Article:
Bad economic decisions have nonlinear effects

By Emanuel Derman
January 17, 2012

I have been reading an interesting post by Mark Thoma on how the Fed can prevent the next financial crisis, inspired by the release of minutes of Fed meetings in 2006.

Professor Thoma makes the following good points:

The Fed’s errors can be placed into two broad categories, the failure to ask the right questions before the crisis, and the failure to act quickly and aggressively enough once the crisis began. The first problem had a lot to do with economists’ undue faith in their own models and abilities – the financial meltdown problem had been solved so no need to worry about that – while the second problem is at least partly due to the way in which the public interest is represented on the Fed.

I’d like to add a third error. The Fed’s blithe confidence in their models and forecasts influenced society’s behavior. Therefore, not only were their models wrong, but their unacknowledged wrongness arguably made things worse.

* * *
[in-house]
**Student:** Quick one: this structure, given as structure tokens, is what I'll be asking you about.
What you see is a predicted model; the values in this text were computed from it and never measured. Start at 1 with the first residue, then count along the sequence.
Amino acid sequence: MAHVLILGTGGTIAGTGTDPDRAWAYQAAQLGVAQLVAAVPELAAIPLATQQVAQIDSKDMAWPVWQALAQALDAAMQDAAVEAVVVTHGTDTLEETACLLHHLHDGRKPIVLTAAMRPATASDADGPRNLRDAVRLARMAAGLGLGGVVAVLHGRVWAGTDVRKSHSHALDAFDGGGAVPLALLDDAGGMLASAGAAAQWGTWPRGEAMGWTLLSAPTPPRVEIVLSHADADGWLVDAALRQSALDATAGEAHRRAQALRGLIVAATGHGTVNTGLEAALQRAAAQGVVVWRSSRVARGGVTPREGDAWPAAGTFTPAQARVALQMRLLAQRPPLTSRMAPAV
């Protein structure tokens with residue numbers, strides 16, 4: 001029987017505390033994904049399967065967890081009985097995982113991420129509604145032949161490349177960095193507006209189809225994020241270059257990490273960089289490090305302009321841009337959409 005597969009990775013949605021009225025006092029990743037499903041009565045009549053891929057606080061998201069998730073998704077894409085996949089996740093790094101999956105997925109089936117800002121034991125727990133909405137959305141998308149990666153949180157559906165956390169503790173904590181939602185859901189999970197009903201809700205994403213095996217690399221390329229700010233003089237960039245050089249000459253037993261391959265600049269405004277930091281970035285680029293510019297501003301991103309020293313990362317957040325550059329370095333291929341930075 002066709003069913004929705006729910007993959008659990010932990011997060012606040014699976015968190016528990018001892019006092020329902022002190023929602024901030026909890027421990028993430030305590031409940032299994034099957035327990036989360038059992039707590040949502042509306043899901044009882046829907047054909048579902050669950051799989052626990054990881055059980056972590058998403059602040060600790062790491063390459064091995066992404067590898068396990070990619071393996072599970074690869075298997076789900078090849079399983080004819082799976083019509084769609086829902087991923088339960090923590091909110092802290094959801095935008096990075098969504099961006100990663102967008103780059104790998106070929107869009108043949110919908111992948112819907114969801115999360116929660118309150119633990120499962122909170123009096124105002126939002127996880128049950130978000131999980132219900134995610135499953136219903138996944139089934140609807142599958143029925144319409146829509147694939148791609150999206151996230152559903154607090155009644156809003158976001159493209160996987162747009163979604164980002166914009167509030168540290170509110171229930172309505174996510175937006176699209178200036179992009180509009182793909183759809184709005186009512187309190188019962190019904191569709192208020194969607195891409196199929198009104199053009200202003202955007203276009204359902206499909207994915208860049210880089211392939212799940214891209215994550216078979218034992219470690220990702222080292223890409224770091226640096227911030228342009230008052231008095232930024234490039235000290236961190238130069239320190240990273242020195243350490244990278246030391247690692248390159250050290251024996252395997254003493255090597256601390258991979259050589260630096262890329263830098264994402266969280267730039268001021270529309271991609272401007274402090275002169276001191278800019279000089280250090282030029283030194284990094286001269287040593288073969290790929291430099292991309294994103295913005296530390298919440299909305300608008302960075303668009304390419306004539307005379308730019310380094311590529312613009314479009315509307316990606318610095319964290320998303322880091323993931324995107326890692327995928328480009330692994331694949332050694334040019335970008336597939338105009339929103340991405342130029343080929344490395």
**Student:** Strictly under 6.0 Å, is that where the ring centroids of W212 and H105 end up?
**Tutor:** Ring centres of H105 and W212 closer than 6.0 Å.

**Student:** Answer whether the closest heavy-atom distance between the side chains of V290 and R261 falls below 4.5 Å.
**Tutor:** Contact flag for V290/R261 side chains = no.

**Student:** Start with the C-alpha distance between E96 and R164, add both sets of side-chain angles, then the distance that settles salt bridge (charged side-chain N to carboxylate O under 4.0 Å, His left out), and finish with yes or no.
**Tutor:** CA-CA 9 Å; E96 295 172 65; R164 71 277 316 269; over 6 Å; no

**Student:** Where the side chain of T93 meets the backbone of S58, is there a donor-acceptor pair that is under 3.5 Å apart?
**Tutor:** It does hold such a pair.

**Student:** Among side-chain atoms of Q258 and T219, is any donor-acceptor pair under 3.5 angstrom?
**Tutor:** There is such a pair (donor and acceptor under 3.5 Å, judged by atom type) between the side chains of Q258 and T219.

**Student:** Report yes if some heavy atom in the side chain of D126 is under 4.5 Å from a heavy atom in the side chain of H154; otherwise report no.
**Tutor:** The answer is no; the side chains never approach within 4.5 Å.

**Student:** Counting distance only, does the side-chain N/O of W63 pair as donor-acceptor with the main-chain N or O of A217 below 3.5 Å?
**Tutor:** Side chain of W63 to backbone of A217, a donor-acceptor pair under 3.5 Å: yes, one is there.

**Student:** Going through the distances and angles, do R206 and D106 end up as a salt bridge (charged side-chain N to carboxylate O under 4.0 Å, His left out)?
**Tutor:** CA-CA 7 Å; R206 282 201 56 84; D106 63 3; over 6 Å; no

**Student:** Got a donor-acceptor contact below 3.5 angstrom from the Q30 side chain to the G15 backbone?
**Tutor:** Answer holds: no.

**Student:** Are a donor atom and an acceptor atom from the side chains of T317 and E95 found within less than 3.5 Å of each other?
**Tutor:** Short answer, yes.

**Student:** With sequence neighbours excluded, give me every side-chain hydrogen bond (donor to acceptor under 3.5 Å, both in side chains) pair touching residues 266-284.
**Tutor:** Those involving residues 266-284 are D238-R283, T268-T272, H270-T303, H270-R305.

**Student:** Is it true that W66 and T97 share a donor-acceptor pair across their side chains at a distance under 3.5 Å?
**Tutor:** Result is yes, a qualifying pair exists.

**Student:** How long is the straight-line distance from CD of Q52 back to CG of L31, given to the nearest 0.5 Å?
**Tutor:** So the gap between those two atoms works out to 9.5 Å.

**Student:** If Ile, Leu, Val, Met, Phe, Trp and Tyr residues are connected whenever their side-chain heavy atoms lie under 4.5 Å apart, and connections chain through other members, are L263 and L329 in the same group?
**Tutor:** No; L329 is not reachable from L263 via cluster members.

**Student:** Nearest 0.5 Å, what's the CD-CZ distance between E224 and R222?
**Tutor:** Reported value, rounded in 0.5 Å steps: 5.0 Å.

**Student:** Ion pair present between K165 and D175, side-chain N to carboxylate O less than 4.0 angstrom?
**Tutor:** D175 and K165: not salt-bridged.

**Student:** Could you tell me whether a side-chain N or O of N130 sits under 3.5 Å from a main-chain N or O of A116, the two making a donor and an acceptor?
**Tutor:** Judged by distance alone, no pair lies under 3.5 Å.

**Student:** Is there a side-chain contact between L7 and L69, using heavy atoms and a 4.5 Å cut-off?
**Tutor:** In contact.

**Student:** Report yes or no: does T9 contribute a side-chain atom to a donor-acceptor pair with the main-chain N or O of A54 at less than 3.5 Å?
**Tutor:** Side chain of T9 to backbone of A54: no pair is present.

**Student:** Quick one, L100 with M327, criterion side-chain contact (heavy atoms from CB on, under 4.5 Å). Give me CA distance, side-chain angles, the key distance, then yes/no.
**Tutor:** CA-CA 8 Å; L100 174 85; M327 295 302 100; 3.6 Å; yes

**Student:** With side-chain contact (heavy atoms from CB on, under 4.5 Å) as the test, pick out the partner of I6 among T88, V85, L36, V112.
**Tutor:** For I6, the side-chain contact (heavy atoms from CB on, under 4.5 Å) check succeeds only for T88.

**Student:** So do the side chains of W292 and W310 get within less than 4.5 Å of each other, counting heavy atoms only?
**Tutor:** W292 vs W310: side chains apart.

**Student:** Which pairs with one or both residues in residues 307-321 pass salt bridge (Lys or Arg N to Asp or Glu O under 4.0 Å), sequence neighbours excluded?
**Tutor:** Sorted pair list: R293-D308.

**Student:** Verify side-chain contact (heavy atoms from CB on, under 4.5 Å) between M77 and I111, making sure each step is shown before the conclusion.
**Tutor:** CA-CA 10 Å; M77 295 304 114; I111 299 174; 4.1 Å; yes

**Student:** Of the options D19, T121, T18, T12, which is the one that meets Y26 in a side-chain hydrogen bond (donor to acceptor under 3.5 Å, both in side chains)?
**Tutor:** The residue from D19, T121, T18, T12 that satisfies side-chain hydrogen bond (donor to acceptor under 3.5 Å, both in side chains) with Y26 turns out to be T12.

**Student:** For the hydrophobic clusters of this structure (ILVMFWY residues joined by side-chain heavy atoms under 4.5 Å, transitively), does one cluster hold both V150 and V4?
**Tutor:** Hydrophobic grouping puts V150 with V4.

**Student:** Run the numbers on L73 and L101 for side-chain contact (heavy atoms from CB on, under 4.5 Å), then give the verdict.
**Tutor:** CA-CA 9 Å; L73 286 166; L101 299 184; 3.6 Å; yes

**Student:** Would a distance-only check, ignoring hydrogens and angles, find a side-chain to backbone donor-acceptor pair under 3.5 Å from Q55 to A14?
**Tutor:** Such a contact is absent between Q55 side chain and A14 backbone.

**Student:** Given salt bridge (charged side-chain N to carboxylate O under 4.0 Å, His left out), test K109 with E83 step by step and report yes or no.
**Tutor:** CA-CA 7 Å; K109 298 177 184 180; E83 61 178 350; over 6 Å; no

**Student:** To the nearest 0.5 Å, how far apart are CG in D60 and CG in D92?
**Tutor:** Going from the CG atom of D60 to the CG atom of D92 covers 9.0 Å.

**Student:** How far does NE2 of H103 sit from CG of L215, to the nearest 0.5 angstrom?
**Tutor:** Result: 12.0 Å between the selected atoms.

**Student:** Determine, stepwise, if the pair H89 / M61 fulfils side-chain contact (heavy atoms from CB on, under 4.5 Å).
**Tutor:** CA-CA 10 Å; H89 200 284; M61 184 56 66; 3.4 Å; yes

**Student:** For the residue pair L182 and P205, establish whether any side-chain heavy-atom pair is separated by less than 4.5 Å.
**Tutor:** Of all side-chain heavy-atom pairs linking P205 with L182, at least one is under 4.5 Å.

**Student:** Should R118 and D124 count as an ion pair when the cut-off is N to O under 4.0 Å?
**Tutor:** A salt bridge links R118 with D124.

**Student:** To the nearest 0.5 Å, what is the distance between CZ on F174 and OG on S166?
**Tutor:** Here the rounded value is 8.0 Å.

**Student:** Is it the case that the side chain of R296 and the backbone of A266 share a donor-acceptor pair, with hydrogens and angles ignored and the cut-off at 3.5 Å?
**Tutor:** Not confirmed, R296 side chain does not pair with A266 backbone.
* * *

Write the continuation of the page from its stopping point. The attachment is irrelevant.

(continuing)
In the social arena, wrong models have psychological consequences that affect the things they are modeling. Nonlinearity is built into the system, and is especially large and significant when forecasts made using the models are widely disseminated from the top.

How is belief in the Fed’s current projections affecting the projections themselves?

2 comments

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Cognitive is always exponential. The individual’s cognitive limit is the base of that exponential. The behaviors of cognitive populations won’t be linear.

Posted by DavidWLocke | Report as abusive

Still haven’t read Models.Behaving.Badly, but I believe You touched upon answer to this question – a physicist studying subatomic particles cannot effect rules that govern those particles in any way, whereas Fed’s prediction operates on the “same level” as the system it tries to understand, therefore creating a feedback loop, affecting that system and changing it’s “rules”, and nonlinearity.

Posted by StevanRadanovic | Report as abusive